Contributions from the playwright on the subject of any of his shows are quite limited. Beckett’s interpretations of his plays were known to change as he and the plays aged. When he was acting as director, he would feel free to change parts of the script, cutting parts as needed and making additions to fit the actors or space (Beckett). If you read through his own production notebook for Waiting for Godot, you find plenty of his own notes and revisions, providing a complex read. Although he did not mind his own productions changing small parts of the script, many other theatres were hounded by his agents to follow his scripts to the letter (McMullan). McMullan quotes an address given by Beckett where he declares, “Any production of Endgame which ignores my stage directions is completely unacceptable to me”(196). Beckett’s wish for a fluid medium for his shows and his conflicting demand for a static piece makes parsing his own feelings about his plays challenging.
The most information on this topic came from the first production of the show, performed as a radio play in 1952 on French radio (Knowlson 349). Beckett provided a small introduction to the show saying:
I don’t know who Godot is. I don’t even know (above all don’t know) if he exists. And I don’t know if they believe in him or not – those two who are waiting for him. The other two who pass by towards the end of each of the two acts, that must be to break up the monotony. All I knew I showed. It’s not much, but it’s enough for me, by a wide margin. I’ll even say that I would have been satisfied with less. As for wanting to find in all that a broader, loftier meaning to carry away from the performance, along with the program and the Eskimo pie, I cannot see the point of it. But it must be possible … Estragon, Vladimir, Pozzo, Lucky, their time and their space, I was able to know them a little, but far from the need to understand. Maybe they owe you explanations. Let them supply it. Without me. They and I are through with each other. (Cohn 126)
Beckett insisted that his pieces stand on their own. He threw off the yoke of the writer, refusing to remain accountable for his work. He was known to abstain from interviews, and for Cohn to even get a meeting with him, she “promised not to ask him to interpret his work” (127). After this first meeting, Beckett and Cohn became good friends, to the point that he gave her lots of information on the topic of Waiting for Godot and his other plays. Knowlson points out that in a meeting between Beckett and Cohn in Germany, he pointed to the work Man and Woman Contemplating the Moon by Caspar David Friedrich, and said “this was the source of Waiting for Godot, you know”(342). Source or not, the painting (below) provides an ambiance and a sense of movement that will be helpful for our production.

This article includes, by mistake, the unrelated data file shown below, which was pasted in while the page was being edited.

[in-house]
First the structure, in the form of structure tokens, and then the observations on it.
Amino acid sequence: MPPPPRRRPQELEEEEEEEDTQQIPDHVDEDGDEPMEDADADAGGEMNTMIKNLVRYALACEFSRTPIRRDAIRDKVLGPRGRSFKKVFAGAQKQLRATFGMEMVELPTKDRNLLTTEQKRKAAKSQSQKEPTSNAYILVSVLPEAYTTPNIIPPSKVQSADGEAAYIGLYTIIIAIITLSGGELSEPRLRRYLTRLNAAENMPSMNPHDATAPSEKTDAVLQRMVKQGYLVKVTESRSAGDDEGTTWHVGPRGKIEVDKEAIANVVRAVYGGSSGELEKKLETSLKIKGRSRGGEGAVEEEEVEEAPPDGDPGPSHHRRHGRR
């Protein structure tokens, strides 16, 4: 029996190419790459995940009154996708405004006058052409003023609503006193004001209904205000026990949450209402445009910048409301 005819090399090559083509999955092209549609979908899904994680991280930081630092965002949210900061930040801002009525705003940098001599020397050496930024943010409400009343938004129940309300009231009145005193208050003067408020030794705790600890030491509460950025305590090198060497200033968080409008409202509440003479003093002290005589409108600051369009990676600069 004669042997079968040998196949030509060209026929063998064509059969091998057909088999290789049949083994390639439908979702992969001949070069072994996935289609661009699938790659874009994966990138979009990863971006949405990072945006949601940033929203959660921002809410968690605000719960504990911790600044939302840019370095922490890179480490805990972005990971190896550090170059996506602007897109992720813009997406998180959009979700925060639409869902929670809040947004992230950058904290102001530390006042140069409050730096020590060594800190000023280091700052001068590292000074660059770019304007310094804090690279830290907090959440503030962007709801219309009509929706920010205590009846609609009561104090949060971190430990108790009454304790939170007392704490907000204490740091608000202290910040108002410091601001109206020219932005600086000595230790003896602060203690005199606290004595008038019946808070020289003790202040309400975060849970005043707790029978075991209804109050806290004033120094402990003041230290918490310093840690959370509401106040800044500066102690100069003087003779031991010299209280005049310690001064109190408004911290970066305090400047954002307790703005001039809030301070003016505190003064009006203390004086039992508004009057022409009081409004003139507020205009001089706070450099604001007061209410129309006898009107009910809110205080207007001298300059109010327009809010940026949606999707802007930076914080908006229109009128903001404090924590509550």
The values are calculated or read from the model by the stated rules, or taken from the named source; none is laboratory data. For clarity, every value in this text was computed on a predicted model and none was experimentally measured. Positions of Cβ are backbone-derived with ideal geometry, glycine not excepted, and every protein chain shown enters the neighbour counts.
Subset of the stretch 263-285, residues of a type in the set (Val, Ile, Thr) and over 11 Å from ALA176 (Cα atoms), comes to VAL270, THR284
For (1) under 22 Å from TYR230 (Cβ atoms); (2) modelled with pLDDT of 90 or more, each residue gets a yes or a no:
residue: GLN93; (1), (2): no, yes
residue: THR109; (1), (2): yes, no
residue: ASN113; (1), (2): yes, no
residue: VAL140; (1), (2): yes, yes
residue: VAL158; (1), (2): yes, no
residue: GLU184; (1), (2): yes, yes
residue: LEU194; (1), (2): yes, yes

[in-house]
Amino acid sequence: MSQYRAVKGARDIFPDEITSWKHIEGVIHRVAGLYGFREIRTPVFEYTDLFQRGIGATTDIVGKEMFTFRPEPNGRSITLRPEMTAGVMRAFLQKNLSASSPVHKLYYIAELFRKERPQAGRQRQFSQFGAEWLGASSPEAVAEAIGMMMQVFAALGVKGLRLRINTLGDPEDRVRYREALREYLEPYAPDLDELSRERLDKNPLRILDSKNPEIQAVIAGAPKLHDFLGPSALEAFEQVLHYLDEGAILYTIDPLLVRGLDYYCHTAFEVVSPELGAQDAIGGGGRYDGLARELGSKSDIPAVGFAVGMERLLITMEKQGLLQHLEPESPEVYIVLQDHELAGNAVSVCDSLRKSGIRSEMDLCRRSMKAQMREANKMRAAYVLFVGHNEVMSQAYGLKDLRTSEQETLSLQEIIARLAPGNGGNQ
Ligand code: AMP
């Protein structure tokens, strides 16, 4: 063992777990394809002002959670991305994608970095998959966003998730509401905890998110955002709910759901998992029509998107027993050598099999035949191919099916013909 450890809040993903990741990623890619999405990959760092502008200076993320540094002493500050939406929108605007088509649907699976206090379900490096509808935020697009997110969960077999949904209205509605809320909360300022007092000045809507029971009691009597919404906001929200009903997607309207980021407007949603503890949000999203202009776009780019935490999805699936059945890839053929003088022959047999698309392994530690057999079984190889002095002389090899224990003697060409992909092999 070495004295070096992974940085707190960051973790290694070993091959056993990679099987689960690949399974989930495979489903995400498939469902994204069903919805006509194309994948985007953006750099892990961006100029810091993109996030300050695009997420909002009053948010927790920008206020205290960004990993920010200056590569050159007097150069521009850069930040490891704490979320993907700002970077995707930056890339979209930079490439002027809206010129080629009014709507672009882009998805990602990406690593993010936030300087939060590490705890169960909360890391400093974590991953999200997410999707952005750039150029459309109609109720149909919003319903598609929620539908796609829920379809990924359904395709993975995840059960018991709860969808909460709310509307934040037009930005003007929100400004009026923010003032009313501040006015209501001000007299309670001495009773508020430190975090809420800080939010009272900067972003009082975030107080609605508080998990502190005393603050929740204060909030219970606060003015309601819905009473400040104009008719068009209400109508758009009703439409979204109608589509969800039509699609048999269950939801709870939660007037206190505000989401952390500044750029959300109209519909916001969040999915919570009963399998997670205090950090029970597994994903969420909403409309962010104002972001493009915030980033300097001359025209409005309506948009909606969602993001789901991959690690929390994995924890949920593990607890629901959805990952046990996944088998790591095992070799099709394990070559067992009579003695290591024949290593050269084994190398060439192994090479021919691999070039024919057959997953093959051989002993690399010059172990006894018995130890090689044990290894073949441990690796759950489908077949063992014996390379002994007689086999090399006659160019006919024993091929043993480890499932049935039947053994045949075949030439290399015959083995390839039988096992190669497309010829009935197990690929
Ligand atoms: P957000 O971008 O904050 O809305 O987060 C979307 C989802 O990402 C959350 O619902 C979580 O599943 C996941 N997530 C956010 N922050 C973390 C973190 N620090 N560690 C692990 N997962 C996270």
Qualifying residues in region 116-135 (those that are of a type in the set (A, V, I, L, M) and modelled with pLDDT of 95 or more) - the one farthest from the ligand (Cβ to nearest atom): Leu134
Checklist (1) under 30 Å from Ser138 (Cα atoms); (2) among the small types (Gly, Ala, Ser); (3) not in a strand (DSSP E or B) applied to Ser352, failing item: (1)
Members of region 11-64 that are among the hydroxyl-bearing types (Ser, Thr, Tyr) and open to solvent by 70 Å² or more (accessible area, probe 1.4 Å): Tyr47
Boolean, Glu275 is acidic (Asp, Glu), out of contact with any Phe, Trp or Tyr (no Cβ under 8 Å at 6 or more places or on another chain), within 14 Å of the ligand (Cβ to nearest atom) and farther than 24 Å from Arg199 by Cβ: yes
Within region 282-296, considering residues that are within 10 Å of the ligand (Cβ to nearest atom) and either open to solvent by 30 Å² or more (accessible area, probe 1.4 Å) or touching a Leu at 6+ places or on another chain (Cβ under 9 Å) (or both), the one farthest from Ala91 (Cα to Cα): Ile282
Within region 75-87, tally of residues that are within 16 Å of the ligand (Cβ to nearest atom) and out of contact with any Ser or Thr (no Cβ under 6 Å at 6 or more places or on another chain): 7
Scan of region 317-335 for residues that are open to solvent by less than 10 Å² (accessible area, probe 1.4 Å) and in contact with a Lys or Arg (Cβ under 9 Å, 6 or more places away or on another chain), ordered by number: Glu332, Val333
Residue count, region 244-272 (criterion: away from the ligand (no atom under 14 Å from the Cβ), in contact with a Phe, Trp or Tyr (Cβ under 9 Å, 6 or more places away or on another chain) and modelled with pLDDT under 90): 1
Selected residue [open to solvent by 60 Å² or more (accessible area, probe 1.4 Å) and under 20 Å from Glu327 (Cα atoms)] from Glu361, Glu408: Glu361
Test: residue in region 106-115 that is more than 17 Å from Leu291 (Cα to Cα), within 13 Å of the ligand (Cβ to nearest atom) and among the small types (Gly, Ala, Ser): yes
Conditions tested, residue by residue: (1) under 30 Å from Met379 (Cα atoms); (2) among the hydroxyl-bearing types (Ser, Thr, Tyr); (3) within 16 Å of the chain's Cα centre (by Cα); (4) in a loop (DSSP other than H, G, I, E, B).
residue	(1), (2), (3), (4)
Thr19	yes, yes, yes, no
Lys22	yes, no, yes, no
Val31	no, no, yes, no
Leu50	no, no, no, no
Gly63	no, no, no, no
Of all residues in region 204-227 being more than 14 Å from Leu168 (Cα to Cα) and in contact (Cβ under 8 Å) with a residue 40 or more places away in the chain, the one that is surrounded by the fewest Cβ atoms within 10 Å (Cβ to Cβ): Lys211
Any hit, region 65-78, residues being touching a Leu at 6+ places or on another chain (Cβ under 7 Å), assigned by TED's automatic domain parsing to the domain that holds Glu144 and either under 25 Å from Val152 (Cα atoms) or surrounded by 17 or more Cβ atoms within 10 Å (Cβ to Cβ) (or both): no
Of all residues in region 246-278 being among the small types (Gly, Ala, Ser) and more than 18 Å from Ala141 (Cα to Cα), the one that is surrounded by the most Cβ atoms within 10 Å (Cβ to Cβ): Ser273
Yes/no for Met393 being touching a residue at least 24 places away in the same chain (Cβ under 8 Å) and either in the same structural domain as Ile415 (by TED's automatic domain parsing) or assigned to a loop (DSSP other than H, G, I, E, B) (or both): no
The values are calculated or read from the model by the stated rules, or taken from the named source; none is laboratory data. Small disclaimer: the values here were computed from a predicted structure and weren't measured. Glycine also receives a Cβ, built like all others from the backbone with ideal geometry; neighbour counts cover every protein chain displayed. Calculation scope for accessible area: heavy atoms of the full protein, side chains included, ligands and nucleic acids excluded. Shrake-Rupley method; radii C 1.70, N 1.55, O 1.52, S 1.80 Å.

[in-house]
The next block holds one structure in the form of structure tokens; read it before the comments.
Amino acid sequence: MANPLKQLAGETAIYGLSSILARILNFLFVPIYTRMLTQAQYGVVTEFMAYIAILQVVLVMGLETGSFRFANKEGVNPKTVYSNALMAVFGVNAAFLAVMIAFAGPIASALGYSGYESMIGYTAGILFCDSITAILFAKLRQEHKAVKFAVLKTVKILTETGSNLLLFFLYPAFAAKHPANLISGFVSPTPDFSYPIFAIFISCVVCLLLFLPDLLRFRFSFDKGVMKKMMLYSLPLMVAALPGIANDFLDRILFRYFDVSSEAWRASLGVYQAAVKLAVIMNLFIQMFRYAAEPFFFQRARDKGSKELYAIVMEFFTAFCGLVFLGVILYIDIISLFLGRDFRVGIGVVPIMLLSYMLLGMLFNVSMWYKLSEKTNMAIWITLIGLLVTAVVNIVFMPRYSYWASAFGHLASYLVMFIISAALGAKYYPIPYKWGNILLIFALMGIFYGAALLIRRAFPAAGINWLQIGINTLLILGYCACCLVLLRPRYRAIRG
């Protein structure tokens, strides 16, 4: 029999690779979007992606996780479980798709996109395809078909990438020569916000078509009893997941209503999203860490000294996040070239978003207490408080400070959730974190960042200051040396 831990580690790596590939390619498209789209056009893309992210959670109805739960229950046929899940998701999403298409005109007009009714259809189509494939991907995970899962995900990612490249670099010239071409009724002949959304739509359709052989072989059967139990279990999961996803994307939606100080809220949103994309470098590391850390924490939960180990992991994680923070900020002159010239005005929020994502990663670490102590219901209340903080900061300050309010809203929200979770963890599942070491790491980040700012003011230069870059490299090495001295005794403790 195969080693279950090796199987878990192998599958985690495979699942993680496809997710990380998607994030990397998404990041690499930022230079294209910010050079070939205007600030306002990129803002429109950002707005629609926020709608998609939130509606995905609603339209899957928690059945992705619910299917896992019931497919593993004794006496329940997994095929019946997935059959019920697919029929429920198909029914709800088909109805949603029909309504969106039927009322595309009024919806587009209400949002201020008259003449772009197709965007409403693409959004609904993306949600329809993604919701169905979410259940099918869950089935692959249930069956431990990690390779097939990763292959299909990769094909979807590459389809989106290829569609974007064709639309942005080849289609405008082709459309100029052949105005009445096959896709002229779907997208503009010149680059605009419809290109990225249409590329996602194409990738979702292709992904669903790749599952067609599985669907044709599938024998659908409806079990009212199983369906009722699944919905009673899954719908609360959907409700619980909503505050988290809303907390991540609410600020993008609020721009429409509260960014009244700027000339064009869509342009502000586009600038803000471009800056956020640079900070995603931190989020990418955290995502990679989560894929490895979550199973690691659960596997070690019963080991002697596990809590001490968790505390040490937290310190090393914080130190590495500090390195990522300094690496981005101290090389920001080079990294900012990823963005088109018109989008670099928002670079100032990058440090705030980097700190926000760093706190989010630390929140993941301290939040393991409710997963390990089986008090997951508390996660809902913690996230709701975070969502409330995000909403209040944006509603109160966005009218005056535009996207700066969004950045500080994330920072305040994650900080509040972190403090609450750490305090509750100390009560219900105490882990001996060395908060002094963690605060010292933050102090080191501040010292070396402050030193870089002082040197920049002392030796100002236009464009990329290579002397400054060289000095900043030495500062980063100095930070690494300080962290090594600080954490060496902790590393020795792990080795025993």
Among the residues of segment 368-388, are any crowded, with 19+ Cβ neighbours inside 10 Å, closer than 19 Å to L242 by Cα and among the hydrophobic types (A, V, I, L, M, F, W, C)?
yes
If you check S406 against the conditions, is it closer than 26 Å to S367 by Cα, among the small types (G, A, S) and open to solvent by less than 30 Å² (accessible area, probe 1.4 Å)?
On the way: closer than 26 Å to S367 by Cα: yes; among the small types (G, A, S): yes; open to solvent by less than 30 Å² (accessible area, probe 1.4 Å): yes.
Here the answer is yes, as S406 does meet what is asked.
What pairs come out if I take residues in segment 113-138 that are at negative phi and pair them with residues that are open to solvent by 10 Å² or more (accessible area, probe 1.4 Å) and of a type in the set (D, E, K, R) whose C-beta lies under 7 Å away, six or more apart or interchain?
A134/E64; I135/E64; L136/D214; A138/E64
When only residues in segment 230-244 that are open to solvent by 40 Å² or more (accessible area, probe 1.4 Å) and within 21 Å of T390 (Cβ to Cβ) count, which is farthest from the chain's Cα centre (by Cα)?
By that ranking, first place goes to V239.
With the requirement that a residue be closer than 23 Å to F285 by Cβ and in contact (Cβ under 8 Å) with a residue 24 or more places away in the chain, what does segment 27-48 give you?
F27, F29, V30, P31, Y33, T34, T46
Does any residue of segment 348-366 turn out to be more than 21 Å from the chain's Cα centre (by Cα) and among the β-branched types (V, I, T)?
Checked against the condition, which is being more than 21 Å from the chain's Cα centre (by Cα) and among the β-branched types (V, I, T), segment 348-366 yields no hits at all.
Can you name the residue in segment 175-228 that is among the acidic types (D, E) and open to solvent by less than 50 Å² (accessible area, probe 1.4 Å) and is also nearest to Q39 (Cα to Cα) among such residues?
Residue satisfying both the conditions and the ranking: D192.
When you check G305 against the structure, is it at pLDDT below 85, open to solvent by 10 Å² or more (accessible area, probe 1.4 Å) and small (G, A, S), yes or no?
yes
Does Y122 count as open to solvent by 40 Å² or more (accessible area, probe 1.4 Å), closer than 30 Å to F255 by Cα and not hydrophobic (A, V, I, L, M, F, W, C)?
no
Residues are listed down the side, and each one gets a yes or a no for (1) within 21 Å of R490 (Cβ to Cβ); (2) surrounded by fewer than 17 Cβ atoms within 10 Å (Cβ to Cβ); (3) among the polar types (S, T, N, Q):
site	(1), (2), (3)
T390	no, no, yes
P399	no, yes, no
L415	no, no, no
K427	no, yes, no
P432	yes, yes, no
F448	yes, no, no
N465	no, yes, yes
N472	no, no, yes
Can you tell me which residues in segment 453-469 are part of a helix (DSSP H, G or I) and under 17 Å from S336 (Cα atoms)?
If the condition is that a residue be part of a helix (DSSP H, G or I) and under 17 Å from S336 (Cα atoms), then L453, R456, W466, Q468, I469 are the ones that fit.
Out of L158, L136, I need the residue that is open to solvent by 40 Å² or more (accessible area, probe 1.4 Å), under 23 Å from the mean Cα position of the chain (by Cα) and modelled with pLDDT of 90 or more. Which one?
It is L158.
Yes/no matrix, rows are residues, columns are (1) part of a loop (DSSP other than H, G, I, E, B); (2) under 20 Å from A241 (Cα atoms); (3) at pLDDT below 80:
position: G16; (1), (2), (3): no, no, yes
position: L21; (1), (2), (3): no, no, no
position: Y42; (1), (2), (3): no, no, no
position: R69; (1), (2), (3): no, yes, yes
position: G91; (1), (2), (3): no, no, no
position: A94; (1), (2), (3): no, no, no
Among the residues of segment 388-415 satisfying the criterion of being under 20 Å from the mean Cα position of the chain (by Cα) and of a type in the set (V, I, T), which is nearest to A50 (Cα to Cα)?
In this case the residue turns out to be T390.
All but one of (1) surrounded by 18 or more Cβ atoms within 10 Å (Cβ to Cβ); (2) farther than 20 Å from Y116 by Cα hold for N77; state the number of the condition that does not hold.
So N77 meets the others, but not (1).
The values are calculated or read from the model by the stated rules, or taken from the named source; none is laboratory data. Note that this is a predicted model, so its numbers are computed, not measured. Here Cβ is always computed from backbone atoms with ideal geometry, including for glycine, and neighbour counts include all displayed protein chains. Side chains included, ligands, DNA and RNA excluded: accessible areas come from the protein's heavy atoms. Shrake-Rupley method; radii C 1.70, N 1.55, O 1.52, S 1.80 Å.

Although Beckett said himself that he would “be quite incapable of writing a critical introduction to [his] own works”(Worton 67), his feelings on the finality of the plays are clear in his aversion to changes. Beckett’s hounding of productions that did follow his scripts tells us that what he saw as important was in the script.
David Niccolai, 2014
Paintings of Caspar David Friedrich
Beckett, Samuel. “Waiting for Godot.” The Theatrical Notebooks Of Samuel Beckett. Ed. Knowlson, James. Great Britain: Faber and Faber Limited, 1993. Print.
Cohn, Ruby. “On the Godot Circle.” Beckett Remembering Remembering Beckett. Ed. James Knowlson, Elizabeth Knowlson. NY, United States: Arcade Publishing, Inc., 2006. Print.
Knowlson, James. Damned to Fame : The Life of Samuel Beckett. NY, United States: Simon & Schuster, 1996. Print.
McMullan, Anna. “Samuel Beckett as Director: The Art of Mastering Failure.” The Cambridge Companion to Beckett. Ed. Pilling, John. Great Britain: University Press Cambridge, 1994. 196-208. Print.
Worton, Michael. “Waiting for Godot and Endgame: Theatre as Text.” The Cambridge Companion to Beckett. Ed. Pilling, John. Great Britain: University Press Cambridge, 1994. 196-208. Print.